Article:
(Carolyn Kaster/Associated Press)
Opinion writer

President Trump’s apologists can’t say they weren’t warned. Virtually every character flaw and policy debacle was in plain view during the campaign. Republicans then, as Republicans do now, convinced themselves and their fellow Americans that Trump was a business genius (in fact he serially failed and hid his finances to prevent any objective assessment of his success). These Republicans told us he’d find and use top-notch experts (not!), had great negotiating skills (aside from bluff and bluster, he has no finesse in presidential-level consensus-building on either the domestic or foreign policy side).

Trump really did mean all the horrible things he said about immigrants and really does not have a clue how international trade works. His self-absorption and insecurity do pose a danger to the United States when he engages with foreign leaders who know they can play him through flattery.

Yes he does have a problem with women — a dozen or more claimed improper sexual conduct and one consensual sexual partner was hushed up with a $130,000 payment. His denials about having nothing to do with Russia have proven misleading at best, if not outright false. (CNBC has compiled a helpful video examining Trump’s web of Russia connections.)

He was never prepared to give up ownership of his businesses, and therefore perpetuates blatant conflicts of interest, including receipts of foreign emoluments, quite possibly in violation of the Constitution.

His attacks on the press during the campaign did in fact reflect his contempt for the First Amendment. Fortunately a federal court In New York  this week slapped down his attempt to block followers on Twitter as impermissible content discrimination. It should have surprised no one that his Environmental Protection Agency barred reporters from a national meeting on water contamination, including one by force. A president who dubs the press the enemy, wants to “pull the license” of a critical news network and hides from solo press conferences and legitimate news interviewers plainly is not prepared to defend constitutional rights of free speech and press.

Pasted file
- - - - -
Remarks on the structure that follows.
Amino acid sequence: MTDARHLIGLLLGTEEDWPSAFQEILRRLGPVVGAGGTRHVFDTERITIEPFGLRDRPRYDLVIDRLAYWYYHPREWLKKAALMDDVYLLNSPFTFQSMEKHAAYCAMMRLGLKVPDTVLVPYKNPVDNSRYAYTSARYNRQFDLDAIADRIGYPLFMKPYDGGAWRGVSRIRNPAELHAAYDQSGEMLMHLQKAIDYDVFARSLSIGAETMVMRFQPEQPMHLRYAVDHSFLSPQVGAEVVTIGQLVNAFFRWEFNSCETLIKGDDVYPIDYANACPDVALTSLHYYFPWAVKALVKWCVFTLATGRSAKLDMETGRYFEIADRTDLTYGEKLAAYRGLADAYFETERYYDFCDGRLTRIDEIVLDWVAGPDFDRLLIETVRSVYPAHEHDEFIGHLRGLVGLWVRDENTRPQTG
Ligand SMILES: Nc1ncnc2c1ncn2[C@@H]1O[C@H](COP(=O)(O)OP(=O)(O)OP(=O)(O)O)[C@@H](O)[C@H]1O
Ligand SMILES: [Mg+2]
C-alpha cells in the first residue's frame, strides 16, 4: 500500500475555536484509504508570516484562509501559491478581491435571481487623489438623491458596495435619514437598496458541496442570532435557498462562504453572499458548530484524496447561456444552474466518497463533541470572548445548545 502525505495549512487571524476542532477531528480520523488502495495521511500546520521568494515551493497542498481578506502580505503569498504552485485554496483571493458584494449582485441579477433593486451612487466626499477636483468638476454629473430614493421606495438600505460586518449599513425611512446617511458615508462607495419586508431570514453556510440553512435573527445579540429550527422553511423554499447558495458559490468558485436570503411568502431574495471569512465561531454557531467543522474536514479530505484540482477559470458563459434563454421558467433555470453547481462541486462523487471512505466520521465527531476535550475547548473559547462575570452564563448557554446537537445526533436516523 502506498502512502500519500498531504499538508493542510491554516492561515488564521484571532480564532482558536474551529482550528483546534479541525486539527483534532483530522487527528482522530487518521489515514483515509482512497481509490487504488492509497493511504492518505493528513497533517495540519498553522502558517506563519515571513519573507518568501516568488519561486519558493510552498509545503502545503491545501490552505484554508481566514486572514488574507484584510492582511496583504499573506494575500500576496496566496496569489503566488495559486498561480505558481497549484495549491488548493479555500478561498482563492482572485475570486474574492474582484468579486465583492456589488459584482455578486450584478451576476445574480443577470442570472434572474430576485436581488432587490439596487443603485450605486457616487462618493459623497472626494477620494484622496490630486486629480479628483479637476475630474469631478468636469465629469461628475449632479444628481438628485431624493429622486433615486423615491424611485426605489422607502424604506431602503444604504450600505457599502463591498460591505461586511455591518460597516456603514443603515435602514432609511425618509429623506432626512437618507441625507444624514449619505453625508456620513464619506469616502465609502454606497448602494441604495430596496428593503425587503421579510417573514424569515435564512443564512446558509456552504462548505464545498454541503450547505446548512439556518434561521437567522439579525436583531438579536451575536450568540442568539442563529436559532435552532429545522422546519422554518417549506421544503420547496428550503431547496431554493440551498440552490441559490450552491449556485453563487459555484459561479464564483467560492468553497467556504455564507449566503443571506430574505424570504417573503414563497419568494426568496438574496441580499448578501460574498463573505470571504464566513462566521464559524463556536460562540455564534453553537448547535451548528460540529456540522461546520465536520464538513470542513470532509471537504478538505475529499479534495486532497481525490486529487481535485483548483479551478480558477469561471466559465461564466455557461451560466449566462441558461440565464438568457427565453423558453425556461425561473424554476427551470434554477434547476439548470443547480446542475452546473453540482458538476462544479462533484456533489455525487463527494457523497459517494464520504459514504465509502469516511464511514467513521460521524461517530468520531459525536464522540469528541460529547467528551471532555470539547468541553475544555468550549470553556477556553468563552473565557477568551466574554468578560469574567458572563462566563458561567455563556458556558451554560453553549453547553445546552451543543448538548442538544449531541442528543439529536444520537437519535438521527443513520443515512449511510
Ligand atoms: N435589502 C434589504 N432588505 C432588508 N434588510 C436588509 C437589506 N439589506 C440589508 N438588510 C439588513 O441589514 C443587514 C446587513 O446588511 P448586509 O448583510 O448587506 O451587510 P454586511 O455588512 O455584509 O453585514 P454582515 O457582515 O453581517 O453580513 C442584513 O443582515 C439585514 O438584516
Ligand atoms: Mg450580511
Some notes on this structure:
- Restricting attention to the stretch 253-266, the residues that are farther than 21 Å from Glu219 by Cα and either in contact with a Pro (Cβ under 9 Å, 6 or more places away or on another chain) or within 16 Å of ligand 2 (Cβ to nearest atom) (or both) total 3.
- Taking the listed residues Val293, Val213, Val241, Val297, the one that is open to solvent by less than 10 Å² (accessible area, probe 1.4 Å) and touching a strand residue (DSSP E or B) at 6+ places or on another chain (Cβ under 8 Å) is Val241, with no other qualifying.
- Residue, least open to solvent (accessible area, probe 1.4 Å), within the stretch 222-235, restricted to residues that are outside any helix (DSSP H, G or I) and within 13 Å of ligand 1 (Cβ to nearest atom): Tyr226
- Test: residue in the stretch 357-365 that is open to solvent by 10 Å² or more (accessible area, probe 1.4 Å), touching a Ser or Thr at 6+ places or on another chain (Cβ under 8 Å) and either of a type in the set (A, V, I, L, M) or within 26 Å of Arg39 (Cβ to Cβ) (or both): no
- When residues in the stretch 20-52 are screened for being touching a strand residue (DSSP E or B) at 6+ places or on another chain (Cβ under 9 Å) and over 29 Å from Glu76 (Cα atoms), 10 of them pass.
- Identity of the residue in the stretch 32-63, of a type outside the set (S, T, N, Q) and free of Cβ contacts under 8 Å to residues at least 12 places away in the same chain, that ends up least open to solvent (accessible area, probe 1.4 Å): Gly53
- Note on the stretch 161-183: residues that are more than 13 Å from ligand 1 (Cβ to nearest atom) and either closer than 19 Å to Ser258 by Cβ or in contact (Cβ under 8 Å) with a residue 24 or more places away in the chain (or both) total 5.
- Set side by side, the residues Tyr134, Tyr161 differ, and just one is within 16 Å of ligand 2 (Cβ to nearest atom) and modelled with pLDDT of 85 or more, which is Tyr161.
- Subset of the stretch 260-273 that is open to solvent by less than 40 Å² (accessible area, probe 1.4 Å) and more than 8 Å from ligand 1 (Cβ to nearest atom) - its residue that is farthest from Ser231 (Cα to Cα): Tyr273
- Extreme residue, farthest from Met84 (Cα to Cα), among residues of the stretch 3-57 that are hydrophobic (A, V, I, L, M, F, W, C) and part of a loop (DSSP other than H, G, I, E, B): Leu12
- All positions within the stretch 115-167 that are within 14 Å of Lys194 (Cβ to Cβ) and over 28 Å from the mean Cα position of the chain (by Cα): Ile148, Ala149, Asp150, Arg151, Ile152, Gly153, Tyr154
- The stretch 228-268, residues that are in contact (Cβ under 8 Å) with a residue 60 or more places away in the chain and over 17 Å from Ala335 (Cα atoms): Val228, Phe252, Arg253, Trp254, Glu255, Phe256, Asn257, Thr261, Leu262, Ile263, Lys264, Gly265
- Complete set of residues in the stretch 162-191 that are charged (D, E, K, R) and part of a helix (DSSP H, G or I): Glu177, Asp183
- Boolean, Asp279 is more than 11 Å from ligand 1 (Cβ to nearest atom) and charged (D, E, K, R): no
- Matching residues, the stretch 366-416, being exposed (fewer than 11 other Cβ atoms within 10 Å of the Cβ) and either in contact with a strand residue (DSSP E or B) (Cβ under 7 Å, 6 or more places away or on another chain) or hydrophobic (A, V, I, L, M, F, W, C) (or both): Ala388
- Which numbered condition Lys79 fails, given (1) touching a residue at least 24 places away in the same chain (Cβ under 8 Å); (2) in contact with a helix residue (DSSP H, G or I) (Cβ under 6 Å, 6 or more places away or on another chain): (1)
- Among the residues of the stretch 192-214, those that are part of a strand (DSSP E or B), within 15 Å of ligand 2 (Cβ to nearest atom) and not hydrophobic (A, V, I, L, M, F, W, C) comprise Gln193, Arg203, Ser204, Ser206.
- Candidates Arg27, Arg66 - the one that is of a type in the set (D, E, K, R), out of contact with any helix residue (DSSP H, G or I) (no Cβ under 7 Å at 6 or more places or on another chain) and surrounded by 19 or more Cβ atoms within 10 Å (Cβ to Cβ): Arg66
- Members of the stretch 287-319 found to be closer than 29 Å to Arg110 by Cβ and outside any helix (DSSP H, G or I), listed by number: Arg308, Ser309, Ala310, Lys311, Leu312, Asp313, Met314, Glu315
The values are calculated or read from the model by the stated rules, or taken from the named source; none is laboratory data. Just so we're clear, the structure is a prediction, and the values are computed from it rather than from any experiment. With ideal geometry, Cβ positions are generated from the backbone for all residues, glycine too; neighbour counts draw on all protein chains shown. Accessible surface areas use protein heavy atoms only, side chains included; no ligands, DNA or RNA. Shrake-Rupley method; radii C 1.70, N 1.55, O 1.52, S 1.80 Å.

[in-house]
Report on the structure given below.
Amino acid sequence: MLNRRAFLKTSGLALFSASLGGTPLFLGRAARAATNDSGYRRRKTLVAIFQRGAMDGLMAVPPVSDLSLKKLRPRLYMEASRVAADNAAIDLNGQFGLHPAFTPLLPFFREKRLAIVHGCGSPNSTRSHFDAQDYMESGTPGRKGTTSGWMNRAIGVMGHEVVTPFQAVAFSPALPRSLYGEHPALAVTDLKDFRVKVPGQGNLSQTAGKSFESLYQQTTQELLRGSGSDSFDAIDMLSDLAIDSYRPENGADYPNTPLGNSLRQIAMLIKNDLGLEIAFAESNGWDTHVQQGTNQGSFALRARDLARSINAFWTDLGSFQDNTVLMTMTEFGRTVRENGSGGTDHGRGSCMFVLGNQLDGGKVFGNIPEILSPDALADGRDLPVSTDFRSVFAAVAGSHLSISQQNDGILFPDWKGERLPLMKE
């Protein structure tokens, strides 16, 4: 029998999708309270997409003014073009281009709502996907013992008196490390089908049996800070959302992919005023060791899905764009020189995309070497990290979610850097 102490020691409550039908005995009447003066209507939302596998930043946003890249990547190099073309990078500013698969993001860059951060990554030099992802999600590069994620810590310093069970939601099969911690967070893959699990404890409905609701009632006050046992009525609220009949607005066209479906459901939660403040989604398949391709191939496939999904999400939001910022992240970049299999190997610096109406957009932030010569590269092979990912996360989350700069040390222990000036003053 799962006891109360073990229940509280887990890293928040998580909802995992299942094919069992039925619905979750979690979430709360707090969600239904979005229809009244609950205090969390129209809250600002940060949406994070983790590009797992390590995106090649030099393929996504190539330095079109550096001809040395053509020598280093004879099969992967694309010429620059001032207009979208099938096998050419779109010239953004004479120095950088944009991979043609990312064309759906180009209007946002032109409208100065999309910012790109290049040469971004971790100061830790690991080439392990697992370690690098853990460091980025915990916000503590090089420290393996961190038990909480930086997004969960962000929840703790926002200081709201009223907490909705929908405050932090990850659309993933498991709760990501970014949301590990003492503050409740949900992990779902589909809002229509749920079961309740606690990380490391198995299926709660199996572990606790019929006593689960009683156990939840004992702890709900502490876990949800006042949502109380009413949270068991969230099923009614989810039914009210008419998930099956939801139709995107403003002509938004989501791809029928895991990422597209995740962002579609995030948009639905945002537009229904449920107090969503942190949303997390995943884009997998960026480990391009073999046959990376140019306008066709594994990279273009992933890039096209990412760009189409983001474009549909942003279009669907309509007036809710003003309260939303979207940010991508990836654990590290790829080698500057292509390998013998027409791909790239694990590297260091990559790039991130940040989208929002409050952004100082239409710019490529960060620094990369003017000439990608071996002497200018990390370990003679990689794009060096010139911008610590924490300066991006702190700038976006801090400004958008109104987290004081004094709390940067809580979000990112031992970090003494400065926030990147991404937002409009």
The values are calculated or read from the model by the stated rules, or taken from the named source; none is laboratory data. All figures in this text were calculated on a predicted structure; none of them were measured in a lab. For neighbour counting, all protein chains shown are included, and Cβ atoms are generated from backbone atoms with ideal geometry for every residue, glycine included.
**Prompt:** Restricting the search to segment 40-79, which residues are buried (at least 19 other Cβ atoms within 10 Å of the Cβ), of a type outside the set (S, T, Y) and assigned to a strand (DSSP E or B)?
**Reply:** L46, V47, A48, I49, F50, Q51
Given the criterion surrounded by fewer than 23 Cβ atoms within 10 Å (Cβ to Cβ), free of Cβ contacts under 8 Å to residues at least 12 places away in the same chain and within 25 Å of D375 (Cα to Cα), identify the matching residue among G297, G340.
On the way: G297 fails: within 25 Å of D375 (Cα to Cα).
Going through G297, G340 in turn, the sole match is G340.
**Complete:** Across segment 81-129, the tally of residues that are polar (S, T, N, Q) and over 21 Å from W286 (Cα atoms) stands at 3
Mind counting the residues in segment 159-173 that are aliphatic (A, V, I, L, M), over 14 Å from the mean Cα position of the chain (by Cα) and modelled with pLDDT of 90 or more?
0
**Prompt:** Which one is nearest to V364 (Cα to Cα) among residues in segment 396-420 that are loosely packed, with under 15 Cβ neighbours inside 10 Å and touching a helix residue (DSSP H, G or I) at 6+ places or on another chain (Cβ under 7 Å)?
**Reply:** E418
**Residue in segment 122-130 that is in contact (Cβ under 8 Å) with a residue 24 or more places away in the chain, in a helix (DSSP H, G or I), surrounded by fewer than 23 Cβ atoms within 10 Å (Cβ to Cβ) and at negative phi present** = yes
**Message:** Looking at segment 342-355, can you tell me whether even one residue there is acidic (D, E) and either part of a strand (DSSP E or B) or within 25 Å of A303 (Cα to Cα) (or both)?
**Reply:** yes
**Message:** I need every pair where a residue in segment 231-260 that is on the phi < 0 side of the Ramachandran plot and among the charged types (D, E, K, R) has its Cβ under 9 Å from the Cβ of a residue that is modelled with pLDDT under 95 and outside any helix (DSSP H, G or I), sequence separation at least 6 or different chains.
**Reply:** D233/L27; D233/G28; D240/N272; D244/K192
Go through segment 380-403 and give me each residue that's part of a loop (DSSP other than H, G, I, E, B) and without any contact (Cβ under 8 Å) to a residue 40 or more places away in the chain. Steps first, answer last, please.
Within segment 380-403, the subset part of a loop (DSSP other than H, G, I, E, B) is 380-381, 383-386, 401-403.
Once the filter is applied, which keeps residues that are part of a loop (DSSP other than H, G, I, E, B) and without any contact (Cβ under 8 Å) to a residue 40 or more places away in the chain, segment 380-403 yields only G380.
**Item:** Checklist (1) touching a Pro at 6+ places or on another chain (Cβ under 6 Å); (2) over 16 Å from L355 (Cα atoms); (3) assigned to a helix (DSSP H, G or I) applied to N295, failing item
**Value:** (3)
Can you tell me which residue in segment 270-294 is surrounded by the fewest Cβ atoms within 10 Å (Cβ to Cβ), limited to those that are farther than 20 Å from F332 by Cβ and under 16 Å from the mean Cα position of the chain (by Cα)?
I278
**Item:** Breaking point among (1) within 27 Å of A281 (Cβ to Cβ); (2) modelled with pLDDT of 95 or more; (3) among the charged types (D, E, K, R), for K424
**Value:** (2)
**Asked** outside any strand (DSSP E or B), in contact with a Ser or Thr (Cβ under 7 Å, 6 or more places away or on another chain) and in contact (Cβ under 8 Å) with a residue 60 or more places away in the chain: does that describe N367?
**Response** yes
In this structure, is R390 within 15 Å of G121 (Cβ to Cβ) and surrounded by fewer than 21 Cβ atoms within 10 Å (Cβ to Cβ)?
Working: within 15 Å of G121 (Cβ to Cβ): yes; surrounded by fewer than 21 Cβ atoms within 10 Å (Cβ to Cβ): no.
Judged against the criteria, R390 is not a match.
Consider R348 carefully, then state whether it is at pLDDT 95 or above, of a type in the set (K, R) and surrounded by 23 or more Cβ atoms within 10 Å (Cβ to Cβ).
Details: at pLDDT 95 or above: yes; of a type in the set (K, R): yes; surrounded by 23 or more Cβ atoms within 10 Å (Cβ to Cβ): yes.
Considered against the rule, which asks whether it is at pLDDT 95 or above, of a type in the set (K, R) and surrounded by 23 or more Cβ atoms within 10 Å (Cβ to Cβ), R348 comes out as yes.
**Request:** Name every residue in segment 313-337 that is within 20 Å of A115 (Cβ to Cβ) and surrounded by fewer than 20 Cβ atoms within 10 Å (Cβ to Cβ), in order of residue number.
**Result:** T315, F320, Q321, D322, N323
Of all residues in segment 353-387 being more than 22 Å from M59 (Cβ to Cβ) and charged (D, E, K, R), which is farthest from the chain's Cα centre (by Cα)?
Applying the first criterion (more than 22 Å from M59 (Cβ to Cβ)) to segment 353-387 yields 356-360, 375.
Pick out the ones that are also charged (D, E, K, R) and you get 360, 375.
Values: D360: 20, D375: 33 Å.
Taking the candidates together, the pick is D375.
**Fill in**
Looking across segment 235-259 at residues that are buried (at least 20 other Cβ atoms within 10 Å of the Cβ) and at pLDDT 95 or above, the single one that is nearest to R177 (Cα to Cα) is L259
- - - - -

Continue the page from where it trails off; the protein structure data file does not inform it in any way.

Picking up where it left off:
His attempt during the campaign to smear a federal court judge of Hispanic descent was not a one-off proposition. He routinely attacks the legitimacy of the courts.

His authoritarian mindset is revealed over and over again. We see his anti-democratic inclinations in attacks on a single employer, Amazon, as retribution against The Post, which is owned by Amazon’s founder, Jeffrey P. Bezos; and in his declaration that maybe football players who wish to exercise their First Amendment rights during the national anthem should leave the country. His contempt for the rule of law is evident in his baseless smears against law enforcement, in his meddling in specific enforcement actions and investigations (most prominently an investigation of him), in his pardoning of Joe Arpaio convicted of criminal contempt of court and in his toleration of corruption in multiple Cabinet departments. He admires strongmen (e.g. Russian President Vladimir Putin, Turkish President Recep Tayyip Erdogan) and shows indifference toward human rights.

His daily assault on the truth and sowing of racial animosity — which, again, were on full view in the campaign — have intensified.

You get the picture. Under stress and on the receiving end of constant criticism, he’s become more Trumpian by the day — more impulsive, cruel, erratic and racist. He arguably has less competent help, less credibility and less awareness of the implications of his decisions than he did a year ago. His presidency is getting worse — just as many predicted. An unfit person hobbled by serious character flaws will melt down in the most stressful job in the world.

The spectacle of a president suffering a string of foreign policy embarrassments (on China, North Korea, Iran) and creating more preposterous attacks on law enforcement is not surprising, but it is deeply worrisome. Moreover, if past is prologue, he’ll get worse with time.